Given the Arctic ice caps' precipitous decline over the past year and bleak projected outlook, an "early warning" system may seem like too little, too late. The scientists heading up the Arctic Observing Network, whose aim it is to assess the changes going on now in order to help predict the ice caps' future, believe the instrument they have just devised - the ice-tethered profiler (ITP) - may still provide some valuable insights.
Equipped with a set of components that includes a surface buoy, various sensors, a motor and a modem, ITPs are installed using an ice auger to drill a 10-inch-diameter hole and - after being anchored down to an ice floe - are left to drift, continuously monitoring the seawater properties below. Their expected lifetime is 3 years - about the same amount of time their supporting ice floe will last.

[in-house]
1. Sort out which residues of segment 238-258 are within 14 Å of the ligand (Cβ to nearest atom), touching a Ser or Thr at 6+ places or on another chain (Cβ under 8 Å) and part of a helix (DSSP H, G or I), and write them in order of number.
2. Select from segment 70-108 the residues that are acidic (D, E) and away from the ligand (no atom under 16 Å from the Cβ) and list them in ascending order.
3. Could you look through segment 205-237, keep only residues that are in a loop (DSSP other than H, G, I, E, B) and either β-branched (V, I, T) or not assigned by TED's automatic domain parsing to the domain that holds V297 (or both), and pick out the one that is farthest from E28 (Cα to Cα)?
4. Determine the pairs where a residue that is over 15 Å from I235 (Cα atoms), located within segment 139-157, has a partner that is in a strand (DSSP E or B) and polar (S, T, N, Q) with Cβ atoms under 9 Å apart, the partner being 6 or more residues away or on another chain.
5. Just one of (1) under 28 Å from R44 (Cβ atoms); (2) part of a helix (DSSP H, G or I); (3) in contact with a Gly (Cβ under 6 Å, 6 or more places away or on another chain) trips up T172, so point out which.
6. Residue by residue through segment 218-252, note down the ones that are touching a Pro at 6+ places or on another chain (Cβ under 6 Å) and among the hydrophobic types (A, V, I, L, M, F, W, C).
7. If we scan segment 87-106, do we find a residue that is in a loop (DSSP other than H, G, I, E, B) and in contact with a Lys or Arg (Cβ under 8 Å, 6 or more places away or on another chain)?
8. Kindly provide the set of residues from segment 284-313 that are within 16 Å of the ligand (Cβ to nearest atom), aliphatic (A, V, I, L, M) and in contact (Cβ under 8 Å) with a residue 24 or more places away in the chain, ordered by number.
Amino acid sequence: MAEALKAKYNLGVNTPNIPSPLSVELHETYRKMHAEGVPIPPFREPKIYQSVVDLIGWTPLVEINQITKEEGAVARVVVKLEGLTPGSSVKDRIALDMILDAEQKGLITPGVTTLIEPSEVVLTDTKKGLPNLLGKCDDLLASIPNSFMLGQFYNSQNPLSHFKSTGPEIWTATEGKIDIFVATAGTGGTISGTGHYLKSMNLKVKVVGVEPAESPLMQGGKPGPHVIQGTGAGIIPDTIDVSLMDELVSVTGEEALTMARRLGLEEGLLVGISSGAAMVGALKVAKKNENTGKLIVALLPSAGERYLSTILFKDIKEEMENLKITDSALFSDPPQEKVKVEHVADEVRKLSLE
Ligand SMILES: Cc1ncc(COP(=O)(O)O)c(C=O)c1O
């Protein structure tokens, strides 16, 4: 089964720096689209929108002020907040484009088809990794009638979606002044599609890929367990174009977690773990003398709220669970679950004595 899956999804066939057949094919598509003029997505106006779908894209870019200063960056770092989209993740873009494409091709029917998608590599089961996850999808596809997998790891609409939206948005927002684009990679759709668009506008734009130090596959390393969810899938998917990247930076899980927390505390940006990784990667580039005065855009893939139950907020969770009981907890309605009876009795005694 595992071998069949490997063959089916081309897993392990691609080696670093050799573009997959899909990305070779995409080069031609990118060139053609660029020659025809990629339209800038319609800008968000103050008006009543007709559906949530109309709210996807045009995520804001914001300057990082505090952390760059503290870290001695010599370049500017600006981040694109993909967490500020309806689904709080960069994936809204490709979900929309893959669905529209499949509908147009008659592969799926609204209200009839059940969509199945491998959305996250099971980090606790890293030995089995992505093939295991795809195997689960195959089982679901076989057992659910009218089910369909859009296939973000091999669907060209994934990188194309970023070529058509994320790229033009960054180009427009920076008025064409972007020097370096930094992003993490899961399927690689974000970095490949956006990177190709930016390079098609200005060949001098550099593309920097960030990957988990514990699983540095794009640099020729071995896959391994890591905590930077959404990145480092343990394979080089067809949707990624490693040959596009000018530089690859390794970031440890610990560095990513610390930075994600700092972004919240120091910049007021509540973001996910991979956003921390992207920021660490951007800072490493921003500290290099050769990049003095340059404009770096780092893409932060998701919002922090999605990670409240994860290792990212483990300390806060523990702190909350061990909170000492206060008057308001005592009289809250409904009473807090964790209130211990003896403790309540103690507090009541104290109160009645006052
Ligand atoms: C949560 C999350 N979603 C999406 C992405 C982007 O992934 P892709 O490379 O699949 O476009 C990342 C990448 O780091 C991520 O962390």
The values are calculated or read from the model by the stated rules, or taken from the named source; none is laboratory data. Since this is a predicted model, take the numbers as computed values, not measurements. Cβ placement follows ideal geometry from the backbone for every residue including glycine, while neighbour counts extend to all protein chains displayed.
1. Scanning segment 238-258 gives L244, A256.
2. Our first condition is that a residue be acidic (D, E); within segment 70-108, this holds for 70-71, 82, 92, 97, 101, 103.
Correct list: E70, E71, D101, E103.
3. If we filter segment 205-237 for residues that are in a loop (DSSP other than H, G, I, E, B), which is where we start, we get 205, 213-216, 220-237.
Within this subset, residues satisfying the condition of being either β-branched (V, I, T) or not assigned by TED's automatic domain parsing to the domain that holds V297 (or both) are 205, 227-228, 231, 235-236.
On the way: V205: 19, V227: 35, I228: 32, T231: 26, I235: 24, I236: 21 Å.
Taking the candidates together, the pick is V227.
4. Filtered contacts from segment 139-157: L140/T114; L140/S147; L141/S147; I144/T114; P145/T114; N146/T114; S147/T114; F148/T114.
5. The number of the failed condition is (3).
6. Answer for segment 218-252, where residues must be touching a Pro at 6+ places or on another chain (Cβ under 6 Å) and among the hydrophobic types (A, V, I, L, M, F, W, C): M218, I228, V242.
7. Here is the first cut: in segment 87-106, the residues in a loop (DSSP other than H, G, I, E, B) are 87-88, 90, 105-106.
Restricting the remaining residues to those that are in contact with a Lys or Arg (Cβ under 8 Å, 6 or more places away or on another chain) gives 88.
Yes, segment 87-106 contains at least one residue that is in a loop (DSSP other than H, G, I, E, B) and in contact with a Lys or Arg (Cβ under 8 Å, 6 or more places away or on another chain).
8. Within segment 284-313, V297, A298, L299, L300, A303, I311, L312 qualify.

The scientists, led by WHOI's John Toole and Rick Krishfield, are interested in investigating the processes that help sustain the halocline - a depth in the ocean with a high salinity gradient. They are worried that warmer surface waters may disrupt or even stop the formation of the halocline in the near future, which could help drastically accelerate the rate of ice melting.
After hitting a few technical bumps in the road, the scientists managed to erect an Arctic Ocean-wide network of ITPs, with several recently installed in the Beaufort Gyre. They are now working on developing additional sensors for the ITPs that would measure chlorophyll, solar radiation, particles and other ocean properties prone to be affected by climate change.
Via ::Oceanus: A New Way to Monitor Changes in the Arctic (magazine)